In 2006, Pamela Campbell Smith of West Virginia was rushed to the emergency room with symptoms of high blood pressure and a possible heart attack – most notably nausea, vomiting, and headache. Emergency room doctor M. Anwar Abdeen treated the patient for pain and nausea and then sent her home in a wheelchair.
Later that night, her daughter, Tiffany Neil, called the emergency room again with information that her mother was not improving and was unresponsive. The ER nurse told the daughter that her mother should “sleep it off.” By 3 a.m., Campbell smith was dead from high blood pressure.
What followed Campbell Smith’s death was confusing to the family – mysterious notes were sent in the mail about the circumstance of her death, the doctor blamed the nurses, the hospital, Montgomery General Hospital, blamed the doctor, who they had disciplined in the past and who was let go from the hospital after the incident.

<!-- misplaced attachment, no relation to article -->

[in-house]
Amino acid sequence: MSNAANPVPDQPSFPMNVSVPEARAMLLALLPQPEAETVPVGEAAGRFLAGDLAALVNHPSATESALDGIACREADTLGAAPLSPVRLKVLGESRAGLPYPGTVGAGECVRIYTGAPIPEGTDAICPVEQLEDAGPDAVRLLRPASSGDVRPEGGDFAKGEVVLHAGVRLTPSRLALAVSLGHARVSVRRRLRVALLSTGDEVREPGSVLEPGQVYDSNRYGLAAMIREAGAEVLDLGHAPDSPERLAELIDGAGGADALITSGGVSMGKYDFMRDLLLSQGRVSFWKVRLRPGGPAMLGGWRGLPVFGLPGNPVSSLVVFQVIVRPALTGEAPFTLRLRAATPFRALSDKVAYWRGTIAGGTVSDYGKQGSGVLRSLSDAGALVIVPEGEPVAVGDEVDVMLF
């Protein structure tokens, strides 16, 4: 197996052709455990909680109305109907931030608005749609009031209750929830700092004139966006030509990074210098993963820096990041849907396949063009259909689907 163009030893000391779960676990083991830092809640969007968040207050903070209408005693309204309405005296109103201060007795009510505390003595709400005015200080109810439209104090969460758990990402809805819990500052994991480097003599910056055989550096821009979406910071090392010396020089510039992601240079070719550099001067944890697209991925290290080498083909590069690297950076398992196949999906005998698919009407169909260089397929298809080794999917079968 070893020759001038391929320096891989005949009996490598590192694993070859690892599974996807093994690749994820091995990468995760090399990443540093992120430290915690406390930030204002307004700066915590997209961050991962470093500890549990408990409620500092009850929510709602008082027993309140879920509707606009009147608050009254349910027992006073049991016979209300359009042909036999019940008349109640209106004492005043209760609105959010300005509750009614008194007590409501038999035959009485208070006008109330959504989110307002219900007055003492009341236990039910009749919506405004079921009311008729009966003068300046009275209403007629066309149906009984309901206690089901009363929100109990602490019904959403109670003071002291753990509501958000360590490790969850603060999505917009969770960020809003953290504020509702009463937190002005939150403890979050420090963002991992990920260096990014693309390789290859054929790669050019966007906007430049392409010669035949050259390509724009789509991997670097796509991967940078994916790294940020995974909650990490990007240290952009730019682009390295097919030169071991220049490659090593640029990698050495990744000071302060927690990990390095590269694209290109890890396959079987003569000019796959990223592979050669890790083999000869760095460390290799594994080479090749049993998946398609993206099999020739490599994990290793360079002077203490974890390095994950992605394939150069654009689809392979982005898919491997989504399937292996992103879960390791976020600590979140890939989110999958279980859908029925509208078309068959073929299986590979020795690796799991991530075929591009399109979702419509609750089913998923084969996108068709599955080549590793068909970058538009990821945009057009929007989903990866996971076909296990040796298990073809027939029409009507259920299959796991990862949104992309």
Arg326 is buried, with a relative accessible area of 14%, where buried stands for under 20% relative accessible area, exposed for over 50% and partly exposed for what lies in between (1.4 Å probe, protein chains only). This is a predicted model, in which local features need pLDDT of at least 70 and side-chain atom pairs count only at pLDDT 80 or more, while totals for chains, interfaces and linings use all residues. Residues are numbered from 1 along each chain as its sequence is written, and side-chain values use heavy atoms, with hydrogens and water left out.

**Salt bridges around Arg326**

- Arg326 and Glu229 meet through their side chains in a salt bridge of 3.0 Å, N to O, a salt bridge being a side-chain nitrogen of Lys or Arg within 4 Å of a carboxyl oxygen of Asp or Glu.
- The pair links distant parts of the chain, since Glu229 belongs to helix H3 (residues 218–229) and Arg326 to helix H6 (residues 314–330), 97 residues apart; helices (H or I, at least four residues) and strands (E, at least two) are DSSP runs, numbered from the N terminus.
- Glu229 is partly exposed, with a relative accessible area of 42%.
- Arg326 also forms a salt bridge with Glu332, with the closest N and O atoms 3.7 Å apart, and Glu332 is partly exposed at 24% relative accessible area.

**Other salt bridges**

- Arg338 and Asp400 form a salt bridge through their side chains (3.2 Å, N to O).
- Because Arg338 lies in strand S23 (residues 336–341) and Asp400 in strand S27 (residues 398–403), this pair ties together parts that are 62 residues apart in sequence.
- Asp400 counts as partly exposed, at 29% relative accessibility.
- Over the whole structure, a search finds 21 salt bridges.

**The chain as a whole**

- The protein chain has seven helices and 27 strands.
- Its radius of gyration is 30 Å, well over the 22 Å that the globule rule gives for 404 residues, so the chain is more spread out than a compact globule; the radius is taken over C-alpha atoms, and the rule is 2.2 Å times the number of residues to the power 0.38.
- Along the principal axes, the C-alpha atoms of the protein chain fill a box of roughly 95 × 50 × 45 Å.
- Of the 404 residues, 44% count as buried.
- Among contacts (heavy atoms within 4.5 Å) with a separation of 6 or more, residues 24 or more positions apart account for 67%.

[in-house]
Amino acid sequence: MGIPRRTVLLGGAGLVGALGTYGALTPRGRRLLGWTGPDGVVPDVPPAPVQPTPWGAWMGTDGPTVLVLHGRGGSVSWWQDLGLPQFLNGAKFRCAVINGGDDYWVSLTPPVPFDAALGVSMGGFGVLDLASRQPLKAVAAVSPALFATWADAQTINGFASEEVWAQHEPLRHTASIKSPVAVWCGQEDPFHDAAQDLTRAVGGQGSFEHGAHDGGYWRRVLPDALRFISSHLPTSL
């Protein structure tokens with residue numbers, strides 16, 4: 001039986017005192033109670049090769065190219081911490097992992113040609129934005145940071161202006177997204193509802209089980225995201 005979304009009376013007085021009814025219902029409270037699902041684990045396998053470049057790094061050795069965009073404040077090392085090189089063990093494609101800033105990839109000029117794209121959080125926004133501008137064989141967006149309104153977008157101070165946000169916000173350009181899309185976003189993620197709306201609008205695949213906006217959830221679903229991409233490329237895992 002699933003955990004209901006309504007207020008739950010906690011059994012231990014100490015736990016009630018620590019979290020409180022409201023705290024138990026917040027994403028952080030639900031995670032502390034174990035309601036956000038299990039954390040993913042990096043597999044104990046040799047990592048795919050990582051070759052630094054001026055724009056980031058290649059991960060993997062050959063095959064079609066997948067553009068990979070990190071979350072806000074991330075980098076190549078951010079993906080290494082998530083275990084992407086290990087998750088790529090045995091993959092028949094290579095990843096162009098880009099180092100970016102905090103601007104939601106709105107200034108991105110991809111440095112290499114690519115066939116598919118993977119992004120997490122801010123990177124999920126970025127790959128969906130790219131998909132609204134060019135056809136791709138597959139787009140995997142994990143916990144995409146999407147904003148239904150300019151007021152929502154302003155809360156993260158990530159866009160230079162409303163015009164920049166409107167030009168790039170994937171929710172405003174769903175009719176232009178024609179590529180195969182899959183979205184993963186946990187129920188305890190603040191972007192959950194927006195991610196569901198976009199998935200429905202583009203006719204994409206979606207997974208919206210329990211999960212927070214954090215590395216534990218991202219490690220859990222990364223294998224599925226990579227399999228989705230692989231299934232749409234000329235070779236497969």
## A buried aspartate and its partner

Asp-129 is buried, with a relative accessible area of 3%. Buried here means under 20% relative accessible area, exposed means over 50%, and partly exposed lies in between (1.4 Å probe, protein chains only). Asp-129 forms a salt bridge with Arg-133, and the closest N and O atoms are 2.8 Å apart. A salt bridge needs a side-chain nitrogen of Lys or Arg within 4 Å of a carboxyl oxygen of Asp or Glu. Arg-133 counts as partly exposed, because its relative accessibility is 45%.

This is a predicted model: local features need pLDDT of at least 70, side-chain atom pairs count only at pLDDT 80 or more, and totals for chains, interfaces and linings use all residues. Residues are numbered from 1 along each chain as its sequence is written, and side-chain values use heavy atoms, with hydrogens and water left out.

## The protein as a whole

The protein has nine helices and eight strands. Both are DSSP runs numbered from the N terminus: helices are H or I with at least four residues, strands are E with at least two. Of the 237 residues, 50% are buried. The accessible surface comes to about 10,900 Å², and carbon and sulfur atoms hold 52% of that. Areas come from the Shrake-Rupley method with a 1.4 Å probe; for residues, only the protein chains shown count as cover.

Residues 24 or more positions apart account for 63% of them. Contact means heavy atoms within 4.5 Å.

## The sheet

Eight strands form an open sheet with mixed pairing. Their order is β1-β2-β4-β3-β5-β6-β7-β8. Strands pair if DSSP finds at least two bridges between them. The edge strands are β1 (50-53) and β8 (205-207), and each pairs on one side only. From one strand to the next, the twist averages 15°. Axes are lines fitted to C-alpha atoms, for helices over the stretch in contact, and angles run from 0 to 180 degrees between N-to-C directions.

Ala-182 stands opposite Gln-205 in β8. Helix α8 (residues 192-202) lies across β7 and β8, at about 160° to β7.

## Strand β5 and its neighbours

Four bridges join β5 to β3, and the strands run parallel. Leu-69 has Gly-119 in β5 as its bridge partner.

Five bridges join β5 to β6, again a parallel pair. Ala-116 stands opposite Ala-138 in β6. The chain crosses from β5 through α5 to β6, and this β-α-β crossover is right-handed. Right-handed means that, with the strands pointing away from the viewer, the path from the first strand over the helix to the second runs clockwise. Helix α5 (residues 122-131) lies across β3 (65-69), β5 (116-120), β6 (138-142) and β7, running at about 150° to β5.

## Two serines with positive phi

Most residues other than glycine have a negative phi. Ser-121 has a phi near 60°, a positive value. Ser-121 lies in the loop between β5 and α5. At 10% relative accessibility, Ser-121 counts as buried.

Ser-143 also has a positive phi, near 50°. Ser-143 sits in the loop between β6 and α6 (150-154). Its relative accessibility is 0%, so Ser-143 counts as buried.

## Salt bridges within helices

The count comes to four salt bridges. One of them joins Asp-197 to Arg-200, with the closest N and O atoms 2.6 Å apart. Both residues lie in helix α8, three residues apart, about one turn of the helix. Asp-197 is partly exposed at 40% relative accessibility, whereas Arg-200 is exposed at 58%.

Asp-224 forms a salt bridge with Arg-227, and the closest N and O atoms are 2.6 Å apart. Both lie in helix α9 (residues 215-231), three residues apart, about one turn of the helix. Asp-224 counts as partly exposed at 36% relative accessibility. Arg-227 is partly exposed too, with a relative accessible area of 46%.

Montgomery General Hospital had been on notice before that night that Dr. Abdeen was not doing an acceptable job at his post in the emergency room before Campbell Smith was admitted – and before joining the staff of the hospital, two former employers had reported problems with his work. A wrongful death claim was settled privately while he was working at Mountain Emergency Physicians, and a Huntington medical center for veterans also found him to be threat to the health and safety of their patients.
Now, Campbell Smith’s family is arguing that the hospital knew that Dr. Abdeen was not qualified to help their mother and is suing for legal costs, punitive damages, and compensation.
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